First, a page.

Thursday, May 17, 2007

Deal or No Deal

Rural northern New England is a dead end on the information super highway. The development of fiber optic systems has been begun in southern NH – while northern NH waits. If we’re lucky, we have DSL. In the northern reaches of our state, many are condemned to dial up internet access – where it might take an hour to download a big file or picture that some unthinking jerk sent you.

Access to the internet is an essential part of doing business for companies, for elected officials (some of them, anyhow), for students, newspapers, doctors, hospitals, libraries, artists, writers, news and political junkies, and for the rest of us. This isn’t a passing fad –the internet is increasingly the tool of choice for a great deal of our communication. Some area towns have bulletin boards or list serves that inform the townspeople of upcoming meetings or events. The web can be a time sucking morass – where one can spend hours looking at weird websites for people with all manner of interests – from Russian tortoises to collecting Barbie Dolls – but it’s also become the way many of us get our news and information. With the internet we can communicate with people from all over the world. For many of us, it is an essential component of doing business.

When the topic of jobs and the economy in the northern part of the state comes up, mention of the need for the infrastructure for high speed internet access will soon follow. All of us agree that northern NH should be allowed to join the 21st century. The problem seems to be determining exactly how that will happen. Verizon has promised us for years that they were going to make it happen. They haven’t. Not only have they failed to make good on their promises of development in the north country, they’re hoping to unload the unprofitable north all together, by selling their landline business in Vermont, New Hampshire, and Maine to a small telecommunications provider from North Carolina, called FairPoint. It’s billed as a merger of Verizon and FairPoint, though essentially it allows Verizon to focus on developing FIOS systems to cities and affluent suburbs, while farming the low rent rural customers out to FairPoint.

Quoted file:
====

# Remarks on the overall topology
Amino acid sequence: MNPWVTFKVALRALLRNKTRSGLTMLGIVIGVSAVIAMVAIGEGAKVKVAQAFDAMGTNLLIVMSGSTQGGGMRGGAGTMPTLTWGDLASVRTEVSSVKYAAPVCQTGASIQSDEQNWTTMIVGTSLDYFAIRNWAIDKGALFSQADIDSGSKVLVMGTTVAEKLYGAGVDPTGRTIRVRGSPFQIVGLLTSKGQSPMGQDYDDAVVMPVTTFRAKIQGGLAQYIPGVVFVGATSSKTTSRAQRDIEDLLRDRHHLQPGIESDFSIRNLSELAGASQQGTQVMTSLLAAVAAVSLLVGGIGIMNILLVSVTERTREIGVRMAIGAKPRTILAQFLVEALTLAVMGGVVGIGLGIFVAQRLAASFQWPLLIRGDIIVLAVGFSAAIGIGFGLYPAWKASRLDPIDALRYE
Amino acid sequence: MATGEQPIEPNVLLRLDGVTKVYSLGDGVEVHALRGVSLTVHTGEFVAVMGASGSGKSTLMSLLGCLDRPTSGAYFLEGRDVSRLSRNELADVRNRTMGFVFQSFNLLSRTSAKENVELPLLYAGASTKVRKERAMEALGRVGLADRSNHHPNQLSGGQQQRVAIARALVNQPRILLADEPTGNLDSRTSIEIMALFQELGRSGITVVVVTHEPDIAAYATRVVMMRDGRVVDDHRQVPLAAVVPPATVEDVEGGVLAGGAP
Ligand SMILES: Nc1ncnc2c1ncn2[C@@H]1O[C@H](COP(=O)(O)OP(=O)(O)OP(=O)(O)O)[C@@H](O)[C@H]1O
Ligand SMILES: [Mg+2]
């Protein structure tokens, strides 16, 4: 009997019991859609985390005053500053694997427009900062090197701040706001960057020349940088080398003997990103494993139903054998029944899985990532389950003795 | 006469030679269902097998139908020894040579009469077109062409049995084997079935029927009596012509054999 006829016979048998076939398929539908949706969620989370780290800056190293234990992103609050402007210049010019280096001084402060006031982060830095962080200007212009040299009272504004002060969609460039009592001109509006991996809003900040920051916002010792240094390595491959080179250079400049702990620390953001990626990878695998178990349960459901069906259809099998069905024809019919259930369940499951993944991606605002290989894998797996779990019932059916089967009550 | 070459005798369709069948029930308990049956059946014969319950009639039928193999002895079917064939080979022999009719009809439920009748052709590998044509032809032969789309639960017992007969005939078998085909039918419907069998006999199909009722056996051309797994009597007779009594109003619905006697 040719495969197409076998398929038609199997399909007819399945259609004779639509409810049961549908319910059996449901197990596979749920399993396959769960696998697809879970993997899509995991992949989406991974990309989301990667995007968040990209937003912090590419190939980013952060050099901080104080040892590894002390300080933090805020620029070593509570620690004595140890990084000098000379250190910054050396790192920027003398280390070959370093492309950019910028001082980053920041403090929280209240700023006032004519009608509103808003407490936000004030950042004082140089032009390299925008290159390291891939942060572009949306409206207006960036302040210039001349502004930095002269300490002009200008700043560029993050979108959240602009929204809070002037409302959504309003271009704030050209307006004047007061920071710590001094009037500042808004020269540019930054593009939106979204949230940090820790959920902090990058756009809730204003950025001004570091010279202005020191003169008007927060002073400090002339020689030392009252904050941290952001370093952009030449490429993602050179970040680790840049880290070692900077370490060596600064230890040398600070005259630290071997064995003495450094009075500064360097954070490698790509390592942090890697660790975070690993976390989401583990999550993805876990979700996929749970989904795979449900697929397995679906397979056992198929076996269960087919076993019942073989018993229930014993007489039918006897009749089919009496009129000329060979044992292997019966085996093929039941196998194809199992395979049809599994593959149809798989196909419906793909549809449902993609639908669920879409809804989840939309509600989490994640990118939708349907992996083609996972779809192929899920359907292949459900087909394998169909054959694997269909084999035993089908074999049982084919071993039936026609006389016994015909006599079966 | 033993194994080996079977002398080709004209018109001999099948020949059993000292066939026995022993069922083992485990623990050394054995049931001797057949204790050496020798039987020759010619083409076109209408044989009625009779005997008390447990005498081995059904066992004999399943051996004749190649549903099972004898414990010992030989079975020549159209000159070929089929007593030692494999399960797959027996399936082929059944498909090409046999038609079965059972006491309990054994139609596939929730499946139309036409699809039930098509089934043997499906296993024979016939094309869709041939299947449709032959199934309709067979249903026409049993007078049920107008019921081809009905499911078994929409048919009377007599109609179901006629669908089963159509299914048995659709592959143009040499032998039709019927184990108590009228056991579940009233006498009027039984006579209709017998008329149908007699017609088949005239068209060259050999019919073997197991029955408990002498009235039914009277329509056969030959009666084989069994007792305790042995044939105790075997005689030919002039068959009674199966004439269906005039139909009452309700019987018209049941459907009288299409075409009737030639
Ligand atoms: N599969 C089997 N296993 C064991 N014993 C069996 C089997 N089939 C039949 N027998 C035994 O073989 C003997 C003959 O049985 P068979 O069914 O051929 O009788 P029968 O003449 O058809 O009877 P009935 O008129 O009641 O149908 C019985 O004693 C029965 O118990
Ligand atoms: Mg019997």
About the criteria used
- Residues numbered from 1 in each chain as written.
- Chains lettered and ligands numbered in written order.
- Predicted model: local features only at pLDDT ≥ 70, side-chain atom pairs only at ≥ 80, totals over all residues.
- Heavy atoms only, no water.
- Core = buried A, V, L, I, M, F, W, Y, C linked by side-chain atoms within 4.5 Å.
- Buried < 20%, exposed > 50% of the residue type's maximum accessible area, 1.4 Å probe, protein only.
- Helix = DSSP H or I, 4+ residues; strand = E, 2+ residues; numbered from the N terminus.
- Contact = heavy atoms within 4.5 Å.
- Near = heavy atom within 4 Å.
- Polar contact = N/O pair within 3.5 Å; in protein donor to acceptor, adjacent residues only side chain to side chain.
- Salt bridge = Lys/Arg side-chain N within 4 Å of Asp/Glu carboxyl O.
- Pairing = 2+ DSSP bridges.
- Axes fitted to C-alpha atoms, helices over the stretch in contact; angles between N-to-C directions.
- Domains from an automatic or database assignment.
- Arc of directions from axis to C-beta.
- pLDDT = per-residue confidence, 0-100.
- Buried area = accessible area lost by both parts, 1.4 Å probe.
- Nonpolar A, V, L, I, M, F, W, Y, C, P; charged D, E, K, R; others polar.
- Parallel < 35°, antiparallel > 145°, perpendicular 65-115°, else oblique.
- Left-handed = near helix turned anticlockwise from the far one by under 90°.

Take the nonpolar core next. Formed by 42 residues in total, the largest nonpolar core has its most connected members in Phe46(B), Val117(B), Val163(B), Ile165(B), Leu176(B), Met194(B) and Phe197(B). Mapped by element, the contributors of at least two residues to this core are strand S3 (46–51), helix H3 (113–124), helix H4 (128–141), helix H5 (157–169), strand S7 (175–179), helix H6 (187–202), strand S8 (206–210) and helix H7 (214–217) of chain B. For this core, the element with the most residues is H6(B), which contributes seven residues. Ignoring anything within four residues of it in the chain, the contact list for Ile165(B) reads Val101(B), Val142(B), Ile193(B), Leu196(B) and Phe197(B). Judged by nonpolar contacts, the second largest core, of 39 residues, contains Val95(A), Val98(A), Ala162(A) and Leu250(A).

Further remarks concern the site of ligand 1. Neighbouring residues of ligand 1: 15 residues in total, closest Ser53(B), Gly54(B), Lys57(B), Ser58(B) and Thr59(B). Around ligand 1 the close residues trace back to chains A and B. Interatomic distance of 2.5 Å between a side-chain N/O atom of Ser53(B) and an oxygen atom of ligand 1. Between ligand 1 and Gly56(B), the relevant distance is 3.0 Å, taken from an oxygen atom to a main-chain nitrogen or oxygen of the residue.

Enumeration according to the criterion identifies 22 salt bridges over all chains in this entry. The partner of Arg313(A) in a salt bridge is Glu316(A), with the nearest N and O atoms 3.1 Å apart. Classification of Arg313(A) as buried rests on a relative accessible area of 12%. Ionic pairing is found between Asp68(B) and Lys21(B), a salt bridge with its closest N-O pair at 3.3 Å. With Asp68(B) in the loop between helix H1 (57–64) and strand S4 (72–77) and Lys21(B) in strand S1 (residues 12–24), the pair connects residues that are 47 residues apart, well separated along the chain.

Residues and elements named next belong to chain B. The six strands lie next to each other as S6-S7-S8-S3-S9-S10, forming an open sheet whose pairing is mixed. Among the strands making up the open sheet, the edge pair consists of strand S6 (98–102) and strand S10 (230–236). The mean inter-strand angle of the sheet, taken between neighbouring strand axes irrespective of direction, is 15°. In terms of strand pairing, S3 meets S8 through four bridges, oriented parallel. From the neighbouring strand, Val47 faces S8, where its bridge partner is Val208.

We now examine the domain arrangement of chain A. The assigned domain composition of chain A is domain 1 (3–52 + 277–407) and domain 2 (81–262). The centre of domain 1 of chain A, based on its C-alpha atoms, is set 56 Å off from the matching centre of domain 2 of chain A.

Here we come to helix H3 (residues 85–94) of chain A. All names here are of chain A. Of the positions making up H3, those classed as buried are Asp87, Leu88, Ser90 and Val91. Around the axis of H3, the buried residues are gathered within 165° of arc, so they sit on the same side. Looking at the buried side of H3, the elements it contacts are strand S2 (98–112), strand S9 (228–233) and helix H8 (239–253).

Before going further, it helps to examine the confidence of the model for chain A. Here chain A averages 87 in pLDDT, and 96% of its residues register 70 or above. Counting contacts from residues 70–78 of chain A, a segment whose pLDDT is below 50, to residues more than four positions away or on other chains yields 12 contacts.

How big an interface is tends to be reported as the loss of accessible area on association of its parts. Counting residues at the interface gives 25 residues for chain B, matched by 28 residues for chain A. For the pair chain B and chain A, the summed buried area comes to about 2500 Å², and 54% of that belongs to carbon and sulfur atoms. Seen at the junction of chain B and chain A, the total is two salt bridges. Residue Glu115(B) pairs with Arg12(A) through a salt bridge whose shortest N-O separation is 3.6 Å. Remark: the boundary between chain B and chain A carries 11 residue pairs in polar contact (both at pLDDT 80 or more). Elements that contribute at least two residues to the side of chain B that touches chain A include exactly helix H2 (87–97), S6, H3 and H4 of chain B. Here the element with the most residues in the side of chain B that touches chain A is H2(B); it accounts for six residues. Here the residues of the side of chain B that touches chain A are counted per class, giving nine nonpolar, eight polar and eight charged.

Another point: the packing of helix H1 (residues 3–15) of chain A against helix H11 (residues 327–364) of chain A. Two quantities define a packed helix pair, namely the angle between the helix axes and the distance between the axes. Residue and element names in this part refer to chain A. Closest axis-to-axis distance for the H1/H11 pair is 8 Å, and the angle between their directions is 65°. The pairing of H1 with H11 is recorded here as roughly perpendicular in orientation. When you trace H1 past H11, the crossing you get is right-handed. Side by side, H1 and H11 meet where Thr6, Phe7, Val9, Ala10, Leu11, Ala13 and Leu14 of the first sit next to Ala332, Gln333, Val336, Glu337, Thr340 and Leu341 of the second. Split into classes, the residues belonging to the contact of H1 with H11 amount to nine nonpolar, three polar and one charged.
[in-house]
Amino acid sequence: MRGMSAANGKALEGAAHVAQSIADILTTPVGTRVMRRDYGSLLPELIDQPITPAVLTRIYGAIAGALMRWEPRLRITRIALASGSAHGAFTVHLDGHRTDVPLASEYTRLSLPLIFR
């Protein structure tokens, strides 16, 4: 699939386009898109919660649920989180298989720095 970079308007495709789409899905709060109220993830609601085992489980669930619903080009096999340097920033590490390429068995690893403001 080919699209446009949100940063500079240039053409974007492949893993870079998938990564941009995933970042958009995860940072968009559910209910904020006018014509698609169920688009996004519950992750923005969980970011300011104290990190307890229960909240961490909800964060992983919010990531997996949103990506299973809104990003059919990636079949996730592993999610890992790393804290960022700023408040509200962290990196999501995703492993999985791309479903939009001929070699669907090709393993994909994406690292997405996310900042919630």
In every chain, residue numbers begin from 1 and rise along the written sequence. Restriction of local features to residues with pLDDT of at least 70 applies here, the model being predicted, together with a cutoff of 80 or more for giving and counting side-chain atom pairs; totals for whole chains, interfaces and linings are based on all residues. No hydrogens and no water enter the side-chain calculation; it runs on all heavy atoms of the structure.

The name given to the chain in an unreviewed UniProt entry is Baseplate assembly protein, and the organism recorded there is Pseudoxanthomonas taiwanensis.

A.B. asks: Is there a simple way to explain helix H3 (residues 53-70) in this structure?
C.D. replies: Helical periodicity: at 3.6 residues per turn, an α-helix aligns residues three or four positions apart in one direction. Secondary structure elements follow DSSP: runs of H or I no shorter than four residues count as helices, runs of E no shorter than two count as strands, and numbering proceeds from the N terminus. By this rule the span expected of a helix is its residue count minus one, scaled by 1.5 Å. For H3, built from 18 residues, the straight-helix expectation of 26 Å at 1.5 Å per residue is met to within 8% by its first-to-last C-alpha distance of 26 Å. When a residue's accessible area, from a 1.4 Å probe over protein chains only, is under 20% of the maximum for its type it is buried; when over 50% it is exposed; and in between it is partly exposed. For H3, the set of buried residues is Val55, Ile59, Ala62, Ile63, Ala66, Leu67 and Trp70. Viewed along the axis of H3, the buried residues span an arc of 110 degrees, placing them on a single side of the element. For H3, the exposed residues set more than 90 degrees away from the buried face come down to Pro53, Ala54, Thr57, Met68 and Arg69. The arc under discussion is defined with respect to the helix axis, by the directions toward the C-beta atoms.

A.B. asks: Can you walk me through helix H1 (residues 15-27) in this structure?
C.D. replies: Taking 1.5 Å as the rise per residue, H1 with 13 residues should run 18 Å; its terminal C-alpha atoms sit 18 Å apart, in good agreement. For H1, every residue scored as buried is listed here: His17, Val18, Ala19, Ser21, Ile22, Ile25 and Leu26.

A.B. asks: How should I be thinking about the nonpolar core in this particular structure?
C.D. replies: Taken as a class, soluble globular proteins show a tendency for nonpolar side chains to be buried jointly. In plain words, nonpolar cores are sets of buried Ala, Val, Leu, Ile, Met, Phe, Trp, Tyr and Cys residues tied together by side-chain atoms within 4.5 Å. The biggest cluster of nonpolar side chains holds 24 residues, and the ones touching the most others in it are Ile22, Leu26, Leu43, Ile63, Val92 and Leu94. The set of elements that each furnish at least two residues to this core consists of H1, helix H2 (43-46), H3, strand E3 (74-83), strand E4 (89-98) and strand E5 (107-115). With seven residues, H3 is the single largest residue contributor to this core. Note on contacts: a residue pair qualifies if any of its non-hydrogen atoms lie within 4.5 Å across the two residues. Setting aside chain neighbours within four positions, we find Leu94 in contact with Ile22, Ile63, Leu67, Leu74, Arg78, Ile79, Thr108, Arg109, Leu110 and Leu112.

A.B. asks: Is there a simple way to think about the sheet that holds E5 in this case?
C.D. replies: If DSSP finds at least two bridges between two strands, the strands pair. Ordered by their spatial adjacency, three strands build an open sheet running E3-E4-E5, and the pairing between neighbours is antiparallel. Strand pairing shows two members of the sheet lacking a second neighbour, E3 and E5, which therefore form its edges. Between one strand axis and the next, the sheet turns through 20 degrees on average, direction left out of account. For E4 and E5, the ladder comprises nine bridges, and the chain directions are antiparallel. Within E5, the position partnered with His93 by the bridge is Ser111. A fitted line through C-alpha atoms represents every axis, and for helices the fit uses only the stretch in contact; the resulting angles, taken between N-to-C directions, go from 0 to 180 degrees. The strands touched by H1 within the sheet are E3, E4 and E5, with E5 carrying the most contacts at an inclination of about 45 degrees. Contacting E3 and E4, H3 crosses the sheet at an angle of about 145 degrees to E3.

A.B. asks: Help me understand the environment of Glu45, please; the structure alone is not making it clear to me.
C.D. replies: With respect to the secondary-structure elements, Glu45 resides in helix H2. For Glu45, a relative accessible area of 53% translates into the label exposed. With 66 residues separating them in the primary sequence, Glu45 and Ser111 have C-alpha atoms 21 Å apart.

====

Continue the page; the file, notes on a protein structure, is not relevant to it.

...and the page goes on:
Why would Verizon do this? Why would they sell rural northern New England customers out to a small company already deeply in debt, knowing that FairPoint can’t possibly make the kind of investment in northern telecommunications infrastructure that Verizon themselves didn’t make? The answer is money, of course. There is an obscure IRS loophole known as a Reverse Morris Trust. Using this loophole will result in $600 million in tax savings for Verizon, if approved by the PUC. According to union consultant Randy Barber, “a parent corporation can spin off a subsidiary into an unrelated company, tax free, if the shareholders of the parent end up controlling more than 50 percent of the voting rights and economic value of the merged company. The Verizon-FairPoint deal has been designed this way. The bad news for rural consumers is that this tax dodge is only possible if parts of the old copper wire network are sold to a “tiny partner” rather than a larger, more financially secure buyer. (See:

In September 2006, FairPoint had $890 million in assets and $610 million in long term debt. This merger will result in $1.7 billion in new debt for FairPoint. The company has promised to continue paying high dividends to shareholders. Given the already significant level of debt the company carries, one wonders how they’ll manage to invest the kind of capital required to improve existing service and expand DSL. One really shouldn’t wonder. One should be quite sure that they will increase rates, reduce expenditures, reduce labor, and cut service quality.

This deal means job insecurity for some 2,800 union employees. FairPoint has made no firm commitment to keep them beyond current contracts. Once those contracts expire, the debt level alone will surely cause management to outsource as much work as possible to non-union employees, while slashing benefits and pensions.

The Public Utilities Commission has to approve this deal. Hearings are currently being held around the state, and the next closest one will begin at 7 pm, at Littleton High School, on May 24. Everyone who is concerned about telecommunications in the north country should attend. I’ve spoken to people so unhappy with Verizon that they say, “anything is better.” I don’t believe that the sale of NH landlines to a small company who won’t be able to make the investments in infrastructure because of debt and shareholder dividends is going to make anything better. It is entirely possible that in just a few years, the failures of Verizon may look awfully good to us in comparison to exorbitant rate hikes and lousy service.

NH needs to create a solid plan for stimulating investment in high speed internet, and then develop state policy from this plan. We must also consider passing legislation that would protect us by establishing strict guidelines for sales and mergers of this type. The future economic development of the northern part of our state depends on telecommunications. We can’t afford to let this sale go forward.

“We are not going to let Verizon turn the information super highway into a dirt road in New England.” Glenn Brackett, IBEW Local 2320 business manager.

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